Russian company plans to bid for Potash

By Reuters
Posted Nov. 3, 2010 at 5:39 a.m.

Russian fertilizer company Phosagro plans to bid for Potash Corp, according to a media report, rivalling BHP Billiton’s $39 billion offer awaiting a crucial ruling from the Canadian government. Phosagro Chairman Vladimir Litvinenko has asked Russian Prime Minister Vladimir Putin to approve a potential deal and request financing from Russian banks, Russian business daily Vedomosti reported on Wednesday.

The report reignited speculation about a possible bidding war in the world’s biggest takeover for 2010 and came on the day Ottawa is expected to tell BHP whether it will approve or reject the deal.

Vedomosti cited a letter from Litvinenko to Putin, a close ally since Putin defended his 1997 Ph.D. thesis at the St. Petersburg institute where Litvinenko is rector.

Privately held Phosagro was not immediately available for comment on the report while BHP and Potash declined to comment.

Analysts said it appeared unlikely Phosagro had the financial firepower to make a rival bid unless in conjunction with other Russian players Uralkali and Silvinit — being merged by potash tycoon Suleiman Kerimov.

“Only if Phosagro, Uralkali and Silvinit combined into a single $25-30 billion company and consolidated their funding capabilities would the remote potential to make a bid for PotashCorp appear,” Troika Dialog analyst Mikhail Stiskin said in a note.

He added that a successful bid would put Russia in control of 65 percent of global potash trade — a key component of world food supplies.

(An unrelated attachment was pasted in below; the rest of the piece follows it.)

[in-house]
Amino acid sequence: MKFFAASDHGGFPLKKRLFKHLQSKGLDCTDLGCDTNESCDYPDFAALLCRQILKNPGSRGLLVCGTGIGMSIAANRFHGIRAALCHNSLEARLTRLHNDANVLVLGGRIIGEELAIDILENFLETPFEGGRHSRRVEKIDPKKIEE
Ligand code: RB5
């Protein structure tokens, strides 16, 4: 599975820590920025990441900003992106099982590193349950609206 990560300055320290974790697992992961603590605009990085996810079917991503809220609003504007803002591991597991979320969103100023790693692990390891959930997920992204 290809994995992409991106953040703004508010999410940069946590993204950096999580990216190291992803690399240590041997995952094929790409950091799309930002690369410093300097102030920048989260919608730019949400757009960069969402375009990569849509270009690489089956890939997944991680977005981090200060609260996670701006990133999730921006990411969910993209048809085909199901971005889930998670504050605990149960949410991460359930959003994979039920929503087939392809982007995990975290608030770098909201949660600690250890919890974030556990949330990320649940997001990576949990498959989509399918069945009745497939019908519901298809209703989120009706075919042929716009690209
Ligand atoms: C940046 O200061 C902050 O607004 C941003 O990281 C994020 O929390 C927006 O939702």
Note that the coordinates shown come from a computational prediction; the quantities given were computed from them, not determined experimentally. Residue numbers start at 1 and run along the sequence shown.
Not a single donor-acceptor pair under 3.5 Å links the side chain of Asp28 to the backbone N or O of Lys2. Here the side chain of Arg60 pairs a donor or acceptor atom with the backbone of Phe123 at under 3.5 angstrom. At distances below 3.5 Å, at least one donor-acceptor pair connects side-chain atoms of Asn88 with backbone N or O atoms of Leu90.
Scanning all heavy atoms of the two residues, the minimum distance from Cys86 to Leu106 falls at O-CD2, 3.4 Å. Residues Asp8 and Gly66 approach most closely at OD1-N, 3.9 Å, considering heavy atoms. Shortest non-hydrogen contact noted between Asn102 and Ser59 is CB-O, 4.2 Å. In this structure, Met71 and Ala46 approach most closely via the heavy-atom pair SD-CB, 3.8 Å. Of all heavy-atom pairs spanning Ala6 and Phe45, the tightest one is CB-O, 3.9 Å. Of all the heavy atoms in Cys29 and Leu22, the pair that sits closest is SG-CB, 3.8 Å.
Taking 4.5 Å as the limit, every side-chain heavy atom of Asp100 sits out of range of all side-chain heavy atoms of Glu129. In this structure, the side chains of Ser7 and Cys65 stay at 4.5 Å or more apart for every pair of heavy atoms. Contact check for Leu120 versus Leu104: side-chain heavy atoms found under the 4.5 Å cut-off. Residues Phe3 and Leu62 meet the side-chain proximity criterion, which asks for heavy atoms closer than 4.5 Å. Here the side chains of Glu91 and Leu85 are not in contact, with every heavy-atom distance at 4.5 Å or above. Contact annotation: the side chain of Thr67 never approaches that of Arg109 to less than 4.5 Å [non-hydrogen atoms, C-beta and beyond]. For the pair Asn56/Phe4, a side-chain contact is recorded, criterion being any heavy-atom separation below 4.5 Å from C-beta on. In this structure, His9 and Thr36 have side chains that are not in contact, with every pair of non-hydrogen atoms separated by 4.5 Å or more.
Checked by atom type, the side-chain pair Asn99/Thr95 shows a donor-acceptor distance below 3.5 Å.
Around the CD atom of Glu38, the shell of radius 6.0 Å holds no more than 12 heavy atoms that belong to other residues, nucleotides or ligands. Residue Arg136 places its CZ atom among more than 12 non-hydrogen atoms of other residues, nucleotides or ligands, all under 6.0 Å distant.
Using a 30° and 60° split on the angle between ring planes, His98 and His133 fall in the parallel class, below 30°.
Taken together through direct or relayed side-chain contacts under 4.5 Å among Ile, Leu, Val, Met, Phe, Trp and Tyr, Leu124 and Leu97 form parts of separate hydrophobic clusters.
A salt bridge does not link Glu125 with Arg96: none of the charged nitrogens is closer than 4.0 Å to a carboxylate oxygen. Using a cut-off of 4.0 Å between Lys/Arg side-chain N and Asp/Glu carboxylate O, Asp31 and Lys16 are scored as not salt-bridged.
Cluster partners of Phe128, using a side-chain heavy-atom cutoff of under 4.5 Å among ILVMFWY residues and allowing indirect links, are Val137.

Credit Suisse analysts said Potash Corp. could have drummed up the Russia bid as a “white knight” defense to the unwelcome BHP offer, adding there was “little likelihood” that a takeover would come about.

Phosagro, which Moscow’s VTB Capital said had 2009 sales of $1.8 billion, does not disclose its shareholder structure but market players say it is controlled by billionaire senator Andrei Guryev.


Two Canadian newspapers reported on Tuesday that bureaucrats were advising the government to allow BHP’s bid for the world’s largest fertiliser market although rumours swirled in the markets that Ottawa would block it.

The federal Canadian government will announce its decision on Wednesday, a source close to the matter told Reuters on Tuesday. Ottawa has until the end of Wednesday to make its ruling public.

No serious rival bidders for Potash have emerged so far. Potash has said it held talks with 15 strategic, financial and state-sponsored potential bidders and investors but admitted in a tough market, a white knight would need more time to raise financing.

Potash has flatly rejected BHP’s current $130-a-share offer as inadequate and has repeatedly said it expects other offers.

The Russian newspaper quoted Litvinenko as saying in the letter he knows well Canada’s government officials who make decisions on the matter as well as Potash’s senior management and that they were not against an alliance with Russia.

Phosagro has also secured preliminary agreements with Canadian banks over providing half of financing needed for the deal, while Russian banks should provide the rest, the paper said.

Potash Corp. shares ended 1.1 percent lower in New York on Tuesday, while BHP Billiton’s shares closed up 0.8 percent in Sydney on Wednesday.

BHP stock eased in London after rising the previous session on market talk that Canada would block a takeover of Potash or impose tough conditions that would scupper the bid.

A “yes” from Ottawa will likely prolong the takeover battle and it may well force BHP to raise its bid.

Since BHP announced its bid in late August, the stock has held well above the offer price, as investors bet that a higher bid will eventually emerge.

Canada’s Conservative minority government risks alienating its political allies in Saskatchewan if it allows the bid. But the pro-business government risks sending a damaging anti-market message to the global investment community if it blocks the takeover.

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